The telecoms kit manufacturer Huawei says it has 'taken on board' criticisms of its routers' security capabilities, made by a German hacker earlier this month.
Some, including a US congressional committee, suspect the Chinese firm may be putting backdoors into its kit for the benefit of state spies (this has never been proven). However, hacker Felix Lindner told a security conference there are "so many vulnerabilities" with Huawei's equipment that backdoors would not be needed in order to intercept and manipulate traffic running through it.
Now, Reuters reported on Wednesday, Huawei security chief John Suffolk has said the company is sending a team of engineers to speak with Lindner about the flaws.
"We've very much taken on board Felix's views and you'll see over the coming period we've got a whole host of significant operations to deal with these issues," Suffolk — the former UK government CIO — was quoted as saying at a New Delhi cybersecurity conference.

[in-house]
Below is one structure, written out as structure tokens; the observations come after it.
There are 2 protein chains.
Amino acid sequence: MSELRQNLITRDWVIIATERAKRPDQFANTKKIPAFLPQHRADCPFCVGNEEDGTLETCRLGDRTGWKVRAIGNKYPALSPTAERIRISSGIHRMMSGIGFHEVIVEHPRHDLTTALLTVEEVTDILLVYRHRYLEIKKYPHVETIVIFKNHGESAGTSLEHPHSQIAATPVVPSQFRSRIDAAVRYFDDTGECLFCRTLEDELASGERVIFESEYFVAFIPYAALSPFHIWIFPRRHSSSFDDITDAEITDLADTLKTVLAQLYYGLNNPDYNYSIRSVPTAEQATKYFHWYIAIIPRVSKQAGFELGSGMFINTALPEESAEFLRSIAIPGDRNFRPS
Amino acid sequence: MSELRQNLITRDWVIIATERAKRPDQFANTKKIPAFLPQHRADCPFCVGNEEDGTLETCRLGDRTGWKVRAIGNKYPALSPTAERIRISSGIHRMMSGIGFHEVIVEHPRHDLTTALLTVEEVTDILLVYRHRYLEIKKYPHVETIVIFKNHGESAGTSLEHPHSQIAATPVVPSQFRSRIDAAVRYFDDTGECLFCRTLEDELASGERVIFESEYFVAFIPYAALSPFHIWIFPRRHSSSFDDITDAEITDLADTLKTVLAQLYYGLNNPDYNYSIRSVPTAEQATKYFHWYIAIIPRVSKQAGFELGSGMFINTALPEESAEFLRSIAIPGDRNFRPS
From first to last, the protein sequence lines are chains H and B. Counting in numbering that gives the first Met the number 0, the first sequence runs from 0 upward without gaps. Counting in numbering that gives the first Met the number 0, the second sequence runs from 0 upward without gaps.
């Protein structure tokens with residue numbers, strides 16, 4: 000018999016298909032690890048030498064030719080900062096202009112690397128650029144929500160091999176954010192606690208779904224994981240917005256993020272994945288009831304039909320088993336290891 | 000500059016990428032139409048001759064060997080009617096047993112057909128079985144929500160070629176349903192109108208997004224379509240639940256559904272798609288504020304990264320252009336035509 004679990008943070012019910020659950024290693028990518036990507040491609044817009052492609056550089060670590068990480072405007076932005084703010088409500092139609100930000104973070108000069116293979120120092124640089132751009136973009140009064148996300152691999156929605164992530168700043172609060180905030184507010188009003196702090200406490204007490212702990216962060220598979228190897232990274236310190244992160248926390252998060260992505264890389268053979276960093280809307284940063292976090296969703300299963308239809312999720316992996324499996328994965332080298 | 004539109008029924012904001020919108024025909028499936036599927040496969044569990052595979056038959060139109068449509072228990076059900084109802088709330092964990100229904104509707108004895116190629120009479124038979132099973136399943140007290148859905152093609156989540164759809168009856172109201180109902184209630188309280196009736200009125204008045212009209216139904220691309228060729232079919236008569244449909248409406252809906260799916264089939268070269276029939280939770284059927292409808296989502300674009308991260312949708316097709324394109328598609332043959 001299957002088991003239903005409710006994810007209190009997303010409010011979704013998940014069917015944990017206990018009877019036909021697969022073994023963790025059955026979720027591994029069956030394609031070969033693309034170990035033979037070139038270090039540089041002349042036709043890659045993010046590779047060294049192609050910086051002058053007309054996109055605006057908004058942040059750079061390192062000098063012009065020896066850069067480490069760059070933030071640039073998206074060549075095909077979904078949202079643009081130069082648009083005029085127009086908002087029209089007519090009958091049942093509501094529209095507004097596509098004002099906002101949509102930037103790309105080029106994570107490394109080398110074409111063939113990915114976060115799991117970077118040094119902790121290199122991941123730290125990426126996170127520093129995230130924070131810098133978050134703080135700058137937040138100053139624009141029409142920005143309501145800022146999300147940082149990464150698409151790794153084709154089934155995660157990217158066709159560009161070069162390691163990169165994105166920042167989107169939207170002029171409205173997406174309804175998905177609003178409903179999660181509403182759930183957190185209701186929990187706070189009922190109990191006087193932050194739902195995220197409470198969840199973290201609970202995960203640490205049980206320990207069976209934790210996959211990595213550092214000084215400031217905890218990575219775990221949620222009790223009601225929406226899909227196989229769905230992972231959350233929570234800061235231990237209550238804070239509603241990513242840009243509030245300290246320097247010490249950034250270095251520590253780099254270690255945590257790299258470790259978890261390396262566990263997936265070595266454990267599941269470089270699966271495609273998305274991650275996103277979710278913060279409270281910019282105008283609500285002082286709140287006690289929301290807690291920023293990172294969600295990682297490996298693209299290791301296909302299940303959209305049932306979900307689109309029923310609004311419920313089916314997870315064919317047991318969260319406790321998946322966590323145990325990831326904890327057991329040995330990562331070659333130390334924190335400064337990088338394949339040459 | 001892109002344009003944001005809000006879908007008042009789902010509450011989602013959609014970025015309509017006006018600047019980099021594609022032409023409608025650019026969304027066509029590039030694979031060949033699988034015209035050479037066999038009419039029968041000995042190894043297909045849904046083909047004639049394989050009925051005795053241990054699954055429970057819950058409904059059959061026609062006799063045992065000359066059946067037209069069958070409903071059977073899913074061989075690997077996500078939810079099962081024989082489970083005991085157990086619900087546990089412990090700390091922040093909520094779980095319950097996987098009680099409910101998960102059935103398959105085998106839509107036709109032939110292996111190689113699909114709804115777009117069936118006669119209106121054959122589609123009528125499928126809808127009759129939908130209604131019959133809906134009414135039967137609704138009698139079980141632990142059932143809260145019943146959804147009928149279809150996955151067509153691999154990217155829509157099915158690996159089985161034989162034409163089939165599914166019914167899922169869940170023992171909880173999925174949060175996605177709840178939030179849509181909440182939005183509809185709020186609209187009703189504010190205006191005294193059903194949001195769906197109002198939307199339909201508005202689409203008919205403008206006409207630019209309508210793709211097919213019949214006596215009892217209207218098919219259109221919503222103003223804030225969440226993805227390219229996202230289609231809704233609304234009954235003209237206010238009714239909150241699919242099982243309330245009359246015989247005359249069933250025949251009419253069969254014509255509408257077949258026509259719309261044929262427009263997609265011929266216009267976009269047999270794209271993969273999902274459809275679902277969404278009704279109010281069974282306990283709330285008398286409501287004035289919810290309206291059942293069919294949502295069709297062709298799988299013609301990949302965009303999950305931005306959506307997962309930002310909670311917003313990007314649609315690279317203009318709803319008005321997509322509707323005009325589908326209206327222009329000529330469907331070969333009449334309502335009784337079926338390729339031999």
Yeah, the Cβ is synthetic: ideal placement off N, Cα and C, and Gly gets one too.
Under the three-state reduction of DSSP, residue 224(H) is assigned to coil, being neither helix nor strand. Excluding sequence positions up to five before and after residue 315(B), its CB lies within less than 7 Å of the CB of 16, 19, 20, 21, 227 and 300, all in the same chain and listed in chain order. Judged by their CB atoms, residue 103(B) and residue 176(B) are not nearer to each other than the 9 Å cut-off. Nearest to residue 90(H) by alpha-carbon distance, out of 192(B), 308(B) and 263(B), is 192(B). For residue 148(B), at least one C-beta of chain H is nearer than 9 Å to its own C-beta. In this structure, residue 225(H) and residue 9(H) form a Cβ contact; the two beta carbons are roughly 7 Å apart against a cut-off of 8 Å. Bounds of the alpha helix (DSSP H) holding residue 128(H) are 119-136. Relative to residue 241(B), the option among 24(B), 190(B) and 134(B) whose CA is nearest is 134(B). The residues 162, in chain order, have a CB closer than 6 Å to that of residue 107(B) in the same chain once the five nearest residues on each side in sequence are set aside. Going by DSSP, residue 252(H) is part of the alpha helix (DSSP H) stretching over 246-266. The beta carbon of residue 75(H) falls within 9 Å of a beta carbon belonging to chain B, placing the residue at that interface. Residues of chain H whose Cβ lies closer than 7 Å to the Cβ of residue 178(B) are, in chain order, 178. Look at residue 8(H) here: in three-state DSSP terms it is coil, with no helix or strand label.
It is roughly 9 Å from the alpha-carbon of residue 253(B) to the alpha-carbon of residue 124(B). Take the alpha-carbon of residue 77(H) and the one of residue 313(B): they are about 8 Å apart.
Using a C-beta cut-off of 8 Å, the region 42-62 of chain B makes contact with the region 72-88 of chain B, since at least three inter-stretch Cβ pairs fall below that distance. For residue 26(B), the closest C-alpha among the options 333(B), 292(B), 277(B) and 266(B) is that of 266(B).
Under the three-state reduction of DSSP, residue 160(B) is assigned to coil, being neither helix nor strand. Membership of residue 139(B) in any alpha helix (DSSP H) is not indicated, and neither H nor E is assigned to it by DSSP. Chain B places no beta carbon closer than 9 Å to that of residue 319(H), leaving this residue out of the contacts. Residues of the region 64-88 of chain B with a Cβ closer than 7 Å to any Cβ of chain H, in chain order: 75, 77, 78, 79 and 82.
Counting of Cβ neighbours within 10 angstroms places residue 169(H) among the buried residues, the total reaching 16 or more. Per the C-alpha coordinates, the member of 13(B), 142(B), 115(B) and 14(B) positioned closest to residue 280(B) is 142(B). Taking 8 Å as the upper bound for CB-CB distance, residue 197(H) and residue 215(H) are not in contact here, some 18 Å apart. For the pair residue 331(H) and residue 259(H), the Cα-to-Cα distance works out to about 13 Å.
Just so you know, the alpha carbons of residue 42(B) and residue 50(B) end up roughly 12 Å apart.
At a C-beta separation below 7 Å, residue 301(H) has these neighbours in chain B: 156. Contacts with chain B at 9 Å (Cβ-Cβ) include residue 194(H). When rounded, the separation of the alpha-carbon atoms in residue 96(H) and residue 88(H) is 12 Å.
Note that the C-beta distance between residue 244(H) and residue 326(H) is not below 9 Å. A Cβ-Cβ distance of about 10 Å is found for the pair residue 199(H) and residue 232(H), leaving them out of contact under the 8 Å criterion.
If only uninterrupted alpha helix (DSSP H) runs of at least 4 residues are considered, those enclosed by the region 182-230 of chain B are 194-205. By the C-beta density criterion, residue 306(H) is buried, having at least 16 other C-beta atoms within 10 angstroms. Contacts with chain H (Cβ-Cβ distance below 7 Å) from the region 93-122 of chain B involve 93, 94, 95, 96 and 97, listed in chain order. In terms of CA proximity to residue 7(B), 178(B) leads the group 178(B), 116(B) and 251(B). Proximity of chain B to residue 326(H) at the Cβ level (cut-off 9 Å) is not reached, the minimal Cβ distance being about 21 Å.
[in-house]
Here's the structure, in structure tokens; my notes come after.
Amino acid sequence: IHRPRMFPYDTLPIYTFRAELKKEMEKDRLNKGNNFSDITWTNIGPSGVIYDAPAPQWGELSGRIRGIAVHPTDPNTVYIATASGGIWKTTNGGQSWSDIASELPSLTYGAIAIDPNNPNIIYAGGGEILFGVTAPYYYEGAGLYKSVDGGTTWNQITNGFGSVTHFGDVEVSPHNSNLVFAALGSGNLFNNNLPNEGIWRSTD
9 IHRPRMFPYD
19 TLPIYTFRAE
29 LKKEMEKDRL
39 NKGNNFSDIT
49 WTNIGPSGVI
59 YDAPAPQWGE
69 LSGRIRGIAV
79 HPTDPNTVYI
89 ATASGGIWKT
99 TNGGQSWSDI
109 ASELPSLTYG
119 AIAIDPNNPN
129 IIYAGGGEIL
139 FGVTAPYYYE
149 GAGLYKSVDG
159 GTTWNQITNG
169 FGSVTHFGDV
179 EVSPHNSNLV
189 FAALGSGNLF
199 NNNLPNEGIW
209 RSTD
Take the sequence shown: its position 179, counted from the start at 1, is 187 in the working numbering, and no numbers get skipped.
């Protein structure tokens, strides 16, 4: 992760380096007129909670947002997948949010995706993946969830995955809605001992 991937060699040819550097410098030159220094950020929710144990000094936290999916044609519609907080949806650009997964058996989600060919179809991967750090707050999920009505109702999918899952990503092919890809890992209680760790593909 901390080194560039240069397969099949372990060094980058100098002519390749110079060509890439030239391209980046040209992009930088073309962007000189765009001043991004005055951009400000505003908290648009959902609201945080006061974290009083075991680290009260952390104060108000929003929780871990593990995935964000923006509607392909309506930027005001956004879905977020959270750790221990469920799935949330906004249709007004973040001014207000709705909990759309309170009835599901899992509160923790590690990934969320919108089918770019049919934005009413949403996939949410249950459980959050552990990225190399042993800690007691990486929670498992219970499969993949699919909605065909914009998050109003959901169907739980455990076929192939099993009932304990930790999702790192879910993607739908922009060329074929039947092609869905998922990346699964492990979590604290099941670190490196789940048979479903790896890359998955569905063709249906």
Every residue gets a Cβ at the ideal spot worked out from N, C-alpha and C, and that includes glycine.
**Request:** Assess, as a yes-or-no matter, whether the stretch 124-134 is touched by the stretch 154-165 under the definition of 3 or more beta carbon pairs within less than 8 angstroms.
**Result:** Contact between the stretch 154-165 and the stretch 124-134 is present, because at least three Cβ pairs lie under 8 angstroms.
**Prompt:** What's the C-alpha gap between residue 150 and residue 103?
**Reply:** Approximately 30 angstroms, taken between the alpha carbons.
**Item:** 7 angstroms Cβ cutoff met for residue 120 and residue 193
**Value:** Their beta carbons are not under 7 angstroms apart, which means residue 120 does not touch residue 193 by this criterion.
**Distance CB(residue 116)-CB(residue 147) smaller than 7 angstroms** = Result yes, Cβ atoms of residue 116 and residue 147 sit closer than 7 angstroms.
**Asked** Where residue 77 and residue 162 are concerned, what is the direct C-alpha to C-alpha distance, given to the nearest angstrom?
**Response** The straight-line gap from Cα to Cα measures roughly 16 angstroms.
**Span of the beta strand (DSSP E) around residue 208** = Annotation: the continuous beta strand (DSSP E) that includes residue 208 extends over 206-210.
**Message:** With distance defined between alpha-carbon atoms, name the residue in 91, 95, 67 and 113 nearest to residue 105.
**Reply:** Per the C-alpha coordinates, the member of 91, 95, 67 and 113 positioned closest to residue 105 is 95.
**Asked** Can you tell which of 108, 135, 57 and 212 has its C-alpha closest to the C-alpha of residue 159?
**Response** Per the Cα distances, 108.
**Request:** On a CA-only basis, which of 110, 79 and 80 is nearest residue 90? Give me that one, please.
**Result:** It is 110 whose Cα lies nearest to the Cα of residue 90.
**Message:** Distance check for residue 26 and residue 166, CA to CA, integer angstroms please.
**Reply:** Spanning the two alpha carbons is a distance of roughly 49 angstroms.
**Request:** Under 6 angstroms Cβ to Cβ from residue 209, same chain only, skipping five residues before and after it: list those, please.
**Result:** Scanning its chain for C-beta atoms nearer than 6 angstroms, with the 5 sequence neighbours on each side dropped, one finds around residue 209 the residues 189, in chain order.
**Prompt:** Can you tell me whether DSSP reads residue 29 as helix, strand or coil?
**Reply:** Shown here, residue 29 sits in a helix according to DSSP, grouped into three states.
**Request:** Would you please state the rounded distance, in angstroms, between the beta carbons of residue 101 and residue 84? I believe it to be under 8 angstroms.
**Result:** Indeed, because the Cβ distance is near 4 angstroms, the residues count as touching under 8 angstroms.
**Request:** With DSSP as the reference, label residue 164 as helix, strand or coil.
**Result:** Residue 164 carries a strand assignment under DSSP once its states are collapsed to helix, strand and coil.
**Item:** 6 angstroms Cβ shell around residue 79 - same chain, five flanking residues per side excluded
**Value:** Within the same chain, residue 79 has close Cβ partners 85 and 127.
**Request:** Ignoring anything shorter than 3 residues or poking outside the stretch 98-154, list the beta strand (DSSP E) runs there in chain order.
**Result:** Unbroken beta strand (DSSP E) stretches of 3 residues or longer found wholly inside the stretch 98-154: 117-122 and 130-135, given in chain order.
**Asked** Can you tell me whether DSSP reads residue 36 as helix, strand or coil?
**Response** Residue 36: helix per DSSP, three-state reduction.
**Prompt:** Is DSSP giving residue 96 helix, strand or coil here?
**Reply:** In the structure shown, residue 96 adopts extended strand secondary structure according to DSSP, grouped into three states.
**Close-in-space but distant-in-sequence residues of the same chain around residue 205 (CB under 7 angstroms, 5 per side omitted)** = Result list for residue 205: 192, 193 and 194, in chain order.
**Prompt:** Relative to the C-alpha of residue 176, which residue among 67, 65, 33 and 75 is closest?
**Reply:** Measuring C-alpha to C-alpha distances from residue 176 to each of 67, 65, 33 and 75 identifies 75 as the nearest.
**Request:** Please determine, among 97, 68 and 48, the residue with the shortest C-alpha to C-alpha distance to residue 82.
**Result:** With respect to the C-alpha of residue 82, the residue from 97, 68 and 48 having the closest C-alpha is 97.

The report suggests that this is a change of tack by Huawei, which does not usually co-operate with security researchers pointing out vulnerabilities in its systems.
The flaws revealed by Lindner affect a variety of Huawei's routers, from those used in core networks to those placed in customers' premises. The researcher criticised security features such as Huawei's bootloader protection, which he said was configured in a way that would make it possible to load new software on the company's routers.
Lindner's talk this month was not the first time he revealed these vulnerabilities — he covered the same ground in a July talk — but it was the first time he had Huawei representatives sitting in his audience.